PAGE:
But something strange happened on the way to the deadline. A publisher, Gnome on Pig Productions, who I had contacted last spring, contacted me with an interest in publishing the novel. They sent me a general work contract which says that neither of us owe the other anything, but that I may not show this novel to anyone during the six months of the contract without their permission. During that time, starting 1/20/16, they and I will work together on the final publishable draft of the novel. At the end of the six months, or before by mutual agreement, we will both enter into a publishing contract (they included a sample template) or walk away. They offer the chance for publication in hardback, paperback, e-book, and anything else for reading. I took them up on the offer. But it meant I couldn't offer the novel in the contest. That'll probably save me twenty bucks. I needed to do the editing anyway, so it's not like there's any wasted effort. I just didn't need to hurry it as much as I did.
I've been offered a bad contract before, and I've signed a decent one, so I had examples to look at. Their contract offers an excellent split to the author and lasts only two years. The contract makes sure the author retains the copyright, which is probably the most important thing. The general work contract specifies that I can work on any other author project and offer it anywhere. It only limits this specific project.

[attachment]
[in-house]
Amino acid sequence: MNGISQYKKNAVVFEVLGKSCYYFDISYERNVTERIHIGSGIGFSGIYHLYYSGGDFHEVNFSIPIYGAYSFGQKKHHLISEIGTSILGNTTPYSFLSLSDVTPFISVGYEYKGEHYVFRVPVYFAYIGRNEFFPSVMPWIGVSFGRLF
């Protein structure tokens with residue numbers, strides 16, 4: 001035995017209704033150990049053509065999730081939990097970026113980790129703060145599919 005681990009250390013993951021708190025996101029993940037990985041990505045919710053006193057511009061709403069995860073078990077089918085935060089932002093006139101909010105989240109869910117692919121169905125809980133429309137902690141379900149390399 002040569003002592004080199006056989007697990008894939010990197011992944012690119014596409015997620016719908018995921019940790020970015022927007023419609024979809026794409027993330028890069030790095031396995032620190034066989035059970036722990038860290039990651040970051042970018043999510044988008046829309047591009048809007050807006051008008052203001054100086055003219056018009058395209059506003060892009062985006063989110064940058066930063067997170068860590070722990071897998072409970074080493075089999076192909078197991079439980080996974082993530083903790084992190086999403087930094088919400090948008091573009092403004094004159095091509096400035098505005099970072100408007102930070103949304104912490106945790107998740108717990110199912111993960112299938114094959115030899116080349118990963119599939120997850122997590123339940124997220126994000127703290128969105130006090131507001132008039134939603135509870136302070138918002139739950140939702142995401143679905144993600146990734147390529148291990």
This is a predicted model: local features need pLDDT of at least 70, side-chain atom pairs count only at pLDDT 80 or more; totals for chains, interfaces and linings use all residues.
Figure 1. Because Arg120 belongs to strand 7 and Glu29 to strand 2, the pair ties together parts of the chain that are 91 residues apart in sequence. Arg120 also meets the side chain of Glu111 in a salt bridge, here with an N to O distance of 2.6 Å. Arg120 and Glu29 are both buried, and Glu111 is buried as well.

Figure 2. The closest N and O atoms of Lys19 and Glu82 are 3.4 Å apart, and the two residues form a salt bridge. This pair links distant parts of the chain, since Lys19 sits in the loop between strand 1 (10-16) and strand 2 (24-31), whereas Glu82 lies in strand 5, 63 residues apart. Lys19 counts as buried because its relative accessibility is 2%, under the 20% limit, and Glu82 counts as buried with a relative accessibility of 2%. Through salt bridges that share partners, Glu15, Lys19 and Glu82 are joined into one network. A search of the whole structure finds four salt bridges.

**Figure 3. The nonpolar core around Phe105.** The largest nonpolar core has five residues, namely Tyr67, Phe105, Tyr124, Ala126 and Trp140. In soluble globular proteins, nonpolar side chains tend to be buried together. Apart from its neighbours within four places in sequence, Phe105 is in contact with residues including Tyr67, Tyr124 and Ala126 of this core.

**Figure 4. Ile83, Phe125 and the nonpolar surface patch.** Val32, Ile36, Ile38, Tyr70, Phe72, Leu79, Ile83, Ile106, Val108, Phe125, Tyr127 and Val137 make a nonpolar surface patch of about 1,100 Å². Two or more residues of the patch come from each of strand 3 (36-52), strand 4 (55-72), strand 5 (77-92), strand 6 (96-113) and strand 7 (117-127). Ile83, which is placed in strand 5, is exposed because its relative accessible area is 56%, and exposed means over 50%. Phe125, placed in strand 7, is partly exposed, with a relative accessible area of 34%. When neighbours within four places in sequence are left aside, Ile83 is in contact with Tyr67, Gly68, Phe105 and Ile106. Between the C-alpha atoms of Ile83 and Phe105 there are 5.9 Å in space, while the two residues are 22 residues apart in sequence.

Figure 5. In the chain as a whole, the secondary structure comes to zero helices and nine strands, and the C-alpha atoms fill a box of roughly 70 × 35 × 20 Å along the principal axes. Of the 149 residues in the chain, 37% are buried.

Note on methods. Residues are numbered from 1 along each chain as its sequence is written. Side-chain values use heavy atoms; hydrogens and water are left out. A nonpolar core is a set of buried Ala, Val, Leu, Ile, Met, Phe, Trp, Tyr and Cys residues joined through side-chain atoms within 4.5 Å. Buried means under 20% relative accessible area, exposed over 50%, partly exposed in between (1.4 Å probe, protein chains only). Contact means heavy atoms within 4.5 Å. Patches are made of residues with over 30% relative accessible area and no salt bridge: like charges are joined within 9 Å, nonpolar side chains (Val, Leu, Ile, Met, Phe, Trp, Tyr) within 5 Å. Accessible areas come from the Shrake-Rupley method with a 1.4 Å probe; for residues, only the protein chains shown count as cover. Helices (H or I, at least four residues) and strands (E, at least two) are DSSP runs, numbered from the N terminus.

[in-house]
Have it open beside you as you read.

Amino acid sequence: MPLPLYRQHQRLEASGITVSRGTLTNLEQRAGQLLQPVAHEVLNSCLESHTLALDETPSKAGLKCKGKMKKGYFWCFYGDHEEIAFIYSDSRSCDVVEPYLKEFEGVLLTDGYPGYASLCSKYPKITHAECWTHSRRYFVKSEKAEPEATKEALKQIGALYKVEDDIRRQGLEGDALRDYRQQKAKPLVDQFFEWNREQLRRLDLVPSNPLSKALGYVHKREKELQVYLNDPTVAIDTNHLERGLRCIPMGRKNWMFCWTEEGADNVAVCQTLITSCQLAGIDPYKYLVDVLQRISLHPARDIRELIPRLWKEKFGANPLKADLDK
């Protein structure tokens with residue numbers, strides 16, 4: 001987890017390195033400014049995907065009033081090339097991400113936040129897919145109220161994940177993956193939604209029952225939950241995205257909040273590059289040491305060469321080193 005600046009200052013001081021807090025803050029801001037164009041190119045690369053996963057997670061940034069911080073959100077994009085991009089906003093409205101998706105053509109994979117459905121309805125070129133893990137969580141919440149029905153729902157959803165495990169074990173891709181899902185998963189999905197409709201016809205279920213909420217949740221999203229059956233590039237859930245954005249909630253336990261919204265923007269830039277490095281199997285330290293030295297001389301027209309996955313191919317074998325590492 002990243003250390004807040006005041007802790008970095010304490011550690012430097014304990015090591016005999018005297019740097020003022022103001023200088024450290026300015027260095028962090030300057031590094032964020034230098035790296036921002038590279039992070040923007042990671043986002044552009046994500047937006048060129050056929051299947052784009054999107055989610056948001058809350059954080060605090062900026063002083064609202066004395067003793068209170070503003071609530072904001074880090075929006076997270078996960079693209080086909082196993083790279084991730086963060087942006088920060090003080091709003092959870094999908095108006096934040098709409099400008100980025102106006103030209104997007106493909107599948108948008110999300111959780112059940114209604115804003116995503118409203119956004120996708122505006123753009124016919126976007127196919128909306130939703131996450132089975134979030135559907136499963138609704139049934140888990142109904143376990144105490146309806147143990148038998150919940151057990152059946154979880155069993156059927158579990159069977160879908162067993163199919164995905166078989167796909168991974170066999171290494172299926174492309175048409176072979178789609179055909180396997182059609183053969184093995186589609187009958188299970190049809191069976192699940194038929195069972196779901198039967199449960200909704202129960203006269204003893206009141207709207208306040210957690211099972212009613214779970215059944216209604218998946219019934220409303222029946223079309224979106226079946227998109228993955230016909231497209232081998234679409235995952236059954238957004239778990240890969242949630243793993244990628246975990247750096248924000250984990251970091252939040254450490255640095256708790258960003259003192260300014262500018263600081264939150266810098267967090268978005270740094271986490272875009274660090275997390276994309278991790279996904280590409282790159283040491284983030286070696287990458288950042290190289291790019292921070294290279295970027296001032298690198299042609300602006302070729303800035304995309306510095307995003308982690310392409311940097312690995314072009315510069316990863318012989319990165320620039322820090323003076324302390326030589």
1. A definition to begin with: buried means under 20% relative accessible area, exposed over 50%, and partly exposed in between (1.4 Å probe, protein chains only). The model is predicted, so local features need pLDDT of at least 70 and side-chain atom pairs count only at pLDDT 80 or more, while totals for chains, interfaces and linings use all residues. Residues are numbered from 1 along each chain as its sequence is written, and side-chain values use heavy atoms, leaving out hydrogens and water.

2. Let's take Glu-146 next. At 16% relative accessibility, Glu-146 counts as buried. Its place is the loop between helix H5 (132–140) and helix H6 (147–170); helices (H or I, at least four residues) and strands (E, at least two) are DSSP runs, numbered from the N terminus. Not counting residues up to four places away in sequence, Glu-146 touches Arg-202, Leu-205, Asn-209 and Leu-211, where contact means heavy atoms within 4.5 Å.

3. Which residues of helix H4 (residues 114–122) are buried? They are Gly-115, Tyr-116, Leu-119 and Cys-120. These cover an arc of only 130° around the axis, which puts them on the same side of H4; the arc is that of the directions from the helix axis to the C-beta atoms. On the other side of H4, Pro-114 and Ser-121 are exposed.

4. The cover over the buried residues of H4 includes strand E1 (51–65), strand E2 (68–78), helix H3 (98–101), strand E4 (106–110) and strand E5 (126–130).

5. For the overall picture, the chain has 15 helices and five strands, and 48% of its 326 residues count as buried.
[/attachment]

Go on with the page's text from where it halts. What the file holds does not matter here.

Just Lucky has been declined by about a dozen agents and/or publishers in the past. The publishers wanted to define it as a Romance, but it does not have a Happy Ever After ending so it didn't fit their market's preferences. I've never considered it a Romance, though. But it is a two-volume story and the second volume does provide a sort of HEA.
The publishers have been complimentary about the writing, evaluations ranging from "adequate for publication" to "lovely." The writing is better after that edit, so it ought to be terrific now. The challenge will be the market and marketing. I wrote this without any explicit thought to market. It's intended to be enjoyed by anyone who's been a college student, men more than women but not that much more.
The reason I wrote this 300,000-word story, which I pared to two volumes totaling almost 200,000 words, is worth a blog entry all by itself. And so it will be.
Till next time...